Fiction and Poetry
Parachute Girl, Bosque Press Journal
Fiction Contest Finalist
Ada Petitpain, Jack Bohanan, Stella Nulty and Dizzy Sullivan step out of a sticky Queens twilight onto the westbound Manhattan IRT, where they’ll change for the Third Avenue El and make their way to Coney Island. They’ll stroll the boards, toss a few baseballs, drink a pitcher of watery “near” beer, and dance a jitterbug or two at the band shell on the Luna Park pier. They hope a few hours of hurdy-gurdy glamour will slake the parched sanctimony of Prohibition, and make them forget for a few hours that they’re flat broke and a long way from seeing what Mr. Roosevelt’s New Deal has to do with them…
The Pornographer Downstairs, Hunger Mountain
Runner-Up, Howard Frank Mosher Short Fiction Award
Laseaux Prize Longlist
Illuminati, The Pinch Journal
Useless to sentimentalize the sun,
slouching toward its foregone conclusion.
Let others sing of gauzy light,
painterly and prim, lifting a field
out of ordinariness. Let them praise
the high beach light of noon, l’heure bleue
spilling its sliver of moon...
Better to see how light, still tense from its travels,
routs out the last of night, shakes us to our senses.
How it flickers and flares, impermanent as breath,
erases our imperfections, leaves contusions on the scrim
of evening as if in payment for the sorrow of its leaving.
They Say You Danced, The Pinch Journal
— For Kay and Jack Peters
You were bending over the zinnias
when the hose went slack and he splayed
his fingers over the small of your back,
waltzed you past the day lilies,
swooning in their clay pots.
We’d just finished supper,
the neighbors said, pointing to the spot
where he did his Hollywood dip and your hair
dusted the roses, as an insect orchestra
played in the listening pines.
You in your apron,
he in the torn high tops he wore
to troll for blues, taste of crackled skin
still in your mouths, your long neck white
against the enfolding night.
Right there, they said,
in the shadow of the darkened house
its garden gone to seed, a summer porch
where a child slept under spinning stars —
Absence established a beachhead.
The Invisible Map, The Examined Life Journal
University of Iowa Carver College of Medicine
What fold of the hippocampus
holds the steep icy hill, palpable thrill
of cutting class, stained glass atmosphere
of ice cream, jukebox, carved hearts?
Korean market now, chrysanthemums, power bars.
Which compartment contains the apartment
draped in parachute silk? One bus, two trains,
all that remains in the cerebellum
of the condo that has calcified around it.
Mummified rooms remember your name.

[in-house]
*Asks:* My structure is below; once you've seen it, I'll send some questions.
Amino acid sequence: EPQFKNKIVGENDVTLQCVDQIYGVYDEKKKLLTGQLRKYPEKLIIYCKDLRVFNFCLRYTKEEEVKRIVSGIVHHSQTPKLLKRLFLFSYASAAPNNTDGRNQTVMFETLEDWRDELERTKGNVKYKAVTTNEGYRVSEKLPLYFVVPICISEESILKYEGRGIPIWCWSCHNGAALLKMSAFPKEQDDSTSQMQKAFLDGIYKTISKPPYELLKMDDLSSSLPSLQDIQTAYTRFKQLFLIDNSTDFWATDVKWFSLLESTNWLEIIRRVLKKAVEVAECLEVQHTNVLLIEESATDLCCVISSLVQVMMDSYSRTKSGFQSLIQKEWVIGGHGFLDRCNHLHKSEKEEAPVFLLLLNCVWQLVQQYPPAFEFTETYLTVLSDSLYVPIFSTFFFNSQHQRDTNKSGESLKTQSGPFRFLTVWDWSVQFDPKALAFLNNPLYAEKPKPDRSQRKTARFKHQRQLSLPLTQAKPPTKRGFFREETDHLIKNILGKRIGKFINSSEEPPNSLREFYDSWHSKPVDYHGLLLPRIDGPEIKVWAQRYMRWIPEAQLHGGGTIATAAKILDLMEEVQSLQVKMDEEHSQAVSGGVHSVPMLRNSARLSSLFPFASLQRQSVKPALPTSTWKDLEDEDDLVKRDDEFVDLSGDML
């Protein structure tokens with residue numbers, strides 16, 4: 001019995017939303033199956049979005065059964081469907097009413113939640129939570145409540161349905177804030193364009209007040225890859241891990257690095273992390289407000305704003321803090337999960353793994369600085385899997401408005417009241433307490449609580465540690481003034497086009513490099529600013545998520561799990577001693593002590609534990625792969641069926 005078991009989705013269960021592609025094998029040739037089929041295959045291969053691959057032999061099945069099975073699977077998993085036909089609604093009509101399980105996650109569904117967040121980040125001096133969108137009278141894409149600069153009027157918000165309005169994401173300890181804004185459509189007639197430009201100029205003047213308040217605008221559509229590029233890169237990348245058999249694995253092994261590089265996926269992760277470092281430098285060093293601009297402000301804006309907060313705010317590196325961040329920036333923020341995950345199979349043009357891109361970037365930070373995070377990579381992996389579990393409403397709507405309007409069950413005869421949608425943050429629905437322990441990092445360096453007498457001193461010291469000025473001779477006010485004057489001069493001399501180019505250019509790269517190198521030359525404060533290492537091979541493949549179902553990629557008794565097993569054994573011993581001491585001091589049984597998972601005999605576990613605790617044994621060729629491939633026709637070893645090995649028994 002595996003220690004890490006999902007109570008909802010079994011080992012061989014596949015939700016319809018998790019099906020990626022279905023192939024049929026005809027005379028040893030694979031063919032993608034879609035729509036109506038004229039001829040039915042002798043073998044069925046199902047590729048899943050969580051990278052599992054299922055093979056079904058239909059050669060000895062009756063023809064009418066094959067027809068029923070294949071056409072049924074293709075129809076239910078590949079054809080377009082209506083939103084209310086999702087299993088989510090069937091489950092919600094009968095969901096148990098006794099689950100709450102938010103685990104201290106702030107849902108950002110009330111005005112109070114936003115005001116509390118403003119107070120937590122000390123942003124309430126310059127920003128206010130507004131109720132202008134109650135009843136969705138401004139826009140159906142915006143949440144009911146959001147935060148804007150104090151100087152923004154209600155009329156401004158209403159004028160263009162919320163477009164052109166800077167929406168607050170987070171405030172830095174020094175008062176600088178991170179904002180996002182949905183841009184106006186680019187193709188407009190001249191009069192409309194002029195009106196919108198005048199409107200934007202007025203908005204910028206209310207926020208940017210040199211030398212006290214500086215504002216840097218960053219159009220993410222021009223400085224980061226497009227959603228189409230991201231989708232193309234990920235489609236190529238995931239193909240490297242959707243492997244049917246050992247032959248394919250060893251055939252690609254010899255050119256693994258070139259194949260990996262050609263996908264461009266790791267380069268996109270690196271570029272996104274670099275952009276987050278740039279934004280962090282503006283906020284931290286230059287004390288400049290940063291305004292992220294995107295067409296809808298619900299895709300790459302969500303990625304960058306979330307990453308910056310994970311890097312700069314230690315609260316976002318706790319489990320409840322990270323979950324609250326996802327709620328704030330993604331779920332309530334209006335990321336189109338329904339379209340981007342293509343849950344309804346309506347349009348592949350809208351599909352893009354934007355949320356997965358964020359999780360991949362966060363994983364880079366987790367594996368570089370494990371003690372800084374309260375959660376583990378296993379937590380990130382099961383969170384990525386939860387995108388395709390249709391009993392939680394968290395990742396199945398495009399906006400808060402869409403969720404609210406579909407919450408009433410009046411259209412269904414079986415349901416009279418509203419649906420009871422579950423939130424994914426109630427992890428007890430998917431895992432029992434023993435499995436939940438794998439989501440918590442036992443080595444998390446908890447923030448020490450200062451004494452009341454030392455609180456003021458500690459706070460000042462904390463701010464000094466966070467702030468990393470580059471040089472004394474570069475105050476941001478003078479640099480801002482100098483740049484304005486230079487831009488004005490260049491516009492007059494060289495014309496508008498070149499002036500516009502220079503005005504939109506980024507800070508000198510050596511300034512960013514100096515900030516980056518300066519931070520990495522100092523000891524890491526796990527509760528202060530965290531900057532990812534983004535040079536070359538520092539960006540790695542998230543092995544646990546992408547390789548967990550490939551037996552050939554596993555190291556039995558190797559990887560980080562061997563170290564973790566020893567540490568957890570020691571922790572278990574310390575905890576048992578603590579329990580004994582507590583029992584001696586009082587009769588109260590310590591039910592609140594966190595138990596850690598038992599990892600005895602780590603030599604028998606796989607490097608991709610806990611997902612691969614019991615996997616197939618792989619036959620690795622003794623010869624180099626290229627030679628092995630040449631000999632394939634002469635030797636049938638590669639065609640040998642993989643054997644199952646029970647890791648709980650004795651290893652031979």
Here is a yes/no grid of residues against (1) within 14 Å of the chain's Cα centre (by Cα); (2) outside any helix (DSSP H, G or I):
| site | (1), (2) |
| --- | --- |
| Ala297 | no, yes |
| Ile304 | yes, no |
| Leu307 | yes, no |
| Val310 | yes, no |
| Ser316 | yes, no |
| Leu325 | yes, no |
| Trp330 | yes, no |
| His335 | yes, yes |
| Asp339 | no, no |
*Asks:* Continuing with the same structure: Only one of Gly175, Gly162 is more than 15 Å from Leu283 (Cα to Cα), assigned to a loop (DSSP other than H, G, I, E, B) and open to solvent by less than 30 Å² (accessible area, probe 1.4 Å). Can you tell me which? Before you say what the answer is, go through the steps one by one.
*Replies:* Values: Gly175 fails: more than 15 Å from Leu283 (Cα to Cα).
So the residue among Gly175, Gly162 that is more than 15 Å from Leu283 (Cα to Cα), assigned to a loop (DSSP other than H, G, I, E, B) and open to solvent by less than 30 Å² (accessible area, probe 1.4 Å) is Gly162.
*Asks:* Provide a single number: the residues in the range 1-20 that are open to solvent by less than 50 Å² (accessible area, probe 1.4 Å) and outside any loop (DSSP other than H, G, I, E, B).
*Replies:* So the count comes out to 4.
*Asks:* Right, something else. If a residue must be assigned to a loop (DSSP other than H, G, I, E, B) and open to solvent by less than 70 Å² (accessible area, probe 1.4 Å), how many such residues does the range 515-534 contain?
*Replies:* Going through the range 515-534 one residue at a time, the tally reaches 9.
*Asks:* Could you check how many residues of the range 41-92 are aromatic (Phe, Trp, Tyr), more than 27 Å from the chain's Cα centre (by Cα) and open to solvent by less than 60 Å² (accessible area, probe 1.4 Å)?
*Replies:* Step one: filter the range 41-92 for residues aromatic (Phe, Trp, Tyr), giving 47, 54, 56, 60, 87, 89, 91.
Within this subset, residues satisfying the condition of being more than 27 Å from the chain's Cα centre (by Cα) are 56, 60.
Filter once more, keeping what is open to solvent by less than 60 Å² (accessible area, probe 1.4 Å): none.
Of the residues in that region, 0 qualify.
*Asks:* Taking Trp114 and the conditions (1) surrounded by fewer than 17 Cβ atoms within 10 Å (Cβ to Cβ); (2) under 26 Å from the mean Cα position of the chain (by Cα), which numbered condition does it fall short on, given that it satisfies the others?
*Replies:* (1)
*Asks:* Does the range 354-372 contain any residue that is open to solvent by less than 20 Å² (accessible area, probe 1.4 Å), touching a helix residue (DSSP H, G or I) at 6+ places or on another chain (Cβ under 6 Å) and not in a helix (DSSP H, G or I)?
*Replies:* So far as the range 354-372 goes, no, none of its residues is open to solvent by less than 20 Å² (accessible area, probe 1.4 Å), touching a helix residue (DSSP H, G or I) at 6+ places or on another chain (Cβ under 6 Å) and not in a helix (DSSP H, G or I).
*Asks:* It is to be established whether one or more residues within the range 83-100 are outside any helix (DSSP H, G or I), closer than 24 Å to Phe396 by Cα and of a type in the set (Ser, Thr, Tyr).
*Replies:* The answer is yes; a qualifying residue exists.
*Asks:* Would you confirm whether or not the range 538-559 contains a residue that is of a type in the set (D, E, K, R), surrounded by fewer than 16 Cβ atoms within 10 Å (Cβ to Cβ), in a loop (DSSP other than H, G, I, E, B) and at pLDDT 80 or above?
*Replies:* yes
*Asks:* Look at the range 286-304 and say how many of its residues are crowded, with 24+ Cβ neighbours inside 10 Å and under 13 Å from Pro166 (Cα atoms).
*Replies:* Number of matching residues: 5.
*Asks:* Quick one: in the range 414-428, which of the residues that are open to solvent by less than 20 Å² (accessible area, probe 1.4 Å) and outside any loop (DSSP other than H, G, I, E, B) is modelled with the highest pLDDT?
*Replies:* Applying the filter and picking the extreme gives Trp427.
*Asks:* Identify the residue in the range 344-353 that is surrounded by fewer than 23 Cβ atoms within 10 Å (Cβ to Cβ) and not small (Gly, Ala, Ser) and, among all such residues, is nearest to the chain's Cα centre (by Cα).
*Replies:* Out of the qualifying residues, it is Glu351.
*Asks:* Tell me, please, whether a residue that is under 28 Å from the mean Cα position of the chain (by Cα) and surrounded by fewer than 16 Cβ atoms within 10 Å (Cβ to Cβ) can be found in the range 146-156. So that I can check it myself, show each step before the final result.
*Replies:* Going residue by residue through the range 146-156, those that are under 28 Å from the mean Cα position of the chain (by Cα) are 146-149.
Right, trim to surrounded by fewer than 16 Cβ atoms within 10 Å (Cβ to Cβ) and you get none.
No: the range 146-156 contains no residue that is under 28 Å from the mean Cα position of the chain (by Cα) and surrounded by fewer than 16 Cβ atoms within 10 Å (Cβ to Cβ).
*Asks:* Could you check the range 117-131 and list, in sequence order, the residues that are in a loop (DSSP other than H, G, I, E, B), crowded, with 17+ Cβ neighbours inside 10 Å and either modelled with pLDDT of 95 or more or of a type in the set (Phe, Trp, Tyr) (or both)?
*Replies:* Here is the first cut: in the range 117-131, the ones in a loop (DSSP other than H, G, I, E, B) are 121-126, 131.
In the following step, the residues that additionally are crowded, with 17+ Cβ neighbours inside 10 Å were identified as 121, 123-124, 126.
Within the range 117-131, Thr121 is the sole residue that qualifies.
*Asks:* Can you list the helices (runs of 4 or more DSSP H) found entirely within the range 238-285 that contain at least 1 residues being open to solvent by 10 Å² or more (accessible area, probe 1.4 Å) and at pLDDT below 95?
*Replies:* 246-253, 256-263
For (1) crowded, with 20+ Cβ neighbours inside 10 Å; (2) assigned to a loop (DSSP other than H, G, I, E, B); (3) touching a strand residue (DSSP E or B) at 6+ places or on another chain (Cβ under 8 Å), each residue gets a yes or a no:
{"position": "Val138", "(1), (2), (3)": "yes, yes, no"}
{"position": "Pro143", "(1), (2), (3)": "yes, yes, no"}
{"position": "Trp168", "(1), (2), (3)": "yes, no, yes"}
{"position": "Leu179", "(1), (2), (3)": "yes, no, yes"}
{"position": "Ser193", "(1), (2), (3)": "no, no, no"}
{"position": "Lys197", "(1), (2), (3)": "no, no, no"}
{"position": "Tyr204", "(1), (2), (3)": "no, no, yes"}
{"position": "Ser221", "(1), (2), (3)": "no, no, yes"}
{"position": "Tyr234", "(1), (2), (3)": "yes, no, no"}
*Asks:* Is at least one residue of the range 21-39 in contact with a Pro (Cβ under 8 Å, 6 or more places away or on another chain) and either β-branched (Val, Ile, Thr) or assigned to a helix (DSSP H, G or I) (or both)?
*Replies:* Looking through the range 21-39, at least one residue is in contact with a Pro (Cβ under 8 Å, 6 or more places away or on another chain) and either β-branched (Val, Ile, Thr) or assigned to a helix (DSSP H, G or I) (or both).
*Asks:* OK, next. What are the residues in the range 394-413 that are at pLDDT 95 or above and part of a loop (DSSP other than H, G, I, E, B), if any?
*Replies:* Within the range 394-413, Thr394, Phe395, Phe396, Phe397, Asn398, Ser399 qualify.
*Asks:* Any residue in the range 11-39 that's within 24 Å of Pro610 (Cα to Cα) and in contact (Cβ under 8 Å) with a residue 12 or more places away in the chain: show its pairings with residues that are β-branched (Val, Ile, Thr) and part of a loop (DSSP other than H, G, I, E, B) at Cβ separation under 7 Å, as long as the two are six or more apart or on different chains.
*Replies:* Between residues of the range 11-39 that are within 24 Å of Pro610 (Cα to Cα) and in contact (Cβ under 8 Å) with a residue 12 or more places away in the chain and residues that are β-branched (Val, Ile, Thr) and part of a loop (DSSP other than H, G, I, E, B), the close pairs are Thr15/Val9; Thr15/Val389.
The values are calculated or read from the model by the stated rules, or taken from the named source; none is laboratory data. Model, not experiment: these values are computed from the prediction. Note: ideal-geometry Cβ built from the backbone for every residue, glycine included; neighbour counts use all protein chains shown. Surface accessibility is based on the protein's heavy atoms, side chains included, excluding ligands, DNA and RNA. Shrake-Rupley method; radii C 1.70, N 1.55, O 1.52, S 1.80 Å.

And what of the secret Chelsea garden
entered through the mirrored door of an armoire —
scent of saffron, notes climbing
the crystalline ladder of a love song?
Starbucks now, latte, wi-fi, green tea croissants.
Is this why old people wander off?
Not lost, merely walking a groove,
the way folded smooth by long habit.
Wizened archaeologists following their maps —
first left, second right, cul-de-sac,
looking for the road that unravels
between high-breasted cliffs —
the one that will take them back.
To know a place by heart —
Under the mall, multiplex, battlefields of burger wars
lie paths once green, rivers still pristine.
We dig for the life buried there
deep as faith, invisible as air.
Gluten-Free Poem, Alimentum, The Literature of Food
There is no wheat in this poem,
no barley, rye or derivatives thereof,
I can’t say why, but it doesn’t involve
any sort of nut. Cross contamination
is not an issue here; these words are
100% safe to eat.
There is longing, though. And heat.
A phantom crumb lingers on the tongue,
buttered with hungry eyes. Jam sticky lust
licks its finger and thumb, some sugar
to swallow down with the losses.
One in 132 poets experience the urge
to fondle dinner rolls, swoon
at the sight of a batter-coated spoon,
slow walk past the patisserie,
breathe from the knees
sweet burnt air to last a lifetime.
While these lines contain absolutely no lactose,
high fructose corn syrup, casein, palm kernel oil
or genetically modified ingredients,
they do possess a prayer,
a memory, a wish, the taste
of every forbidden dish.
Recipe for A Poem, Alimentum, The Literature of Food
The Difference Between Can’t and Won’t, Poetry East
Won’t plants its feet,
crosses its arms, sets its jaw,
Can’t keeps its eyes down,
lowers its voice, begs your pardon,
wishes it could.
Can’t wants to, but is unable.
Won’t is able, but can’t quite.
Can’t is a lazy eye,
apologizing for its dim view,
asking to be loved anyway.
Won’t picks fights,
imagines slights –
If only you said this, did that…
Won’t struggles to the death;
Can’t walks softly toward it.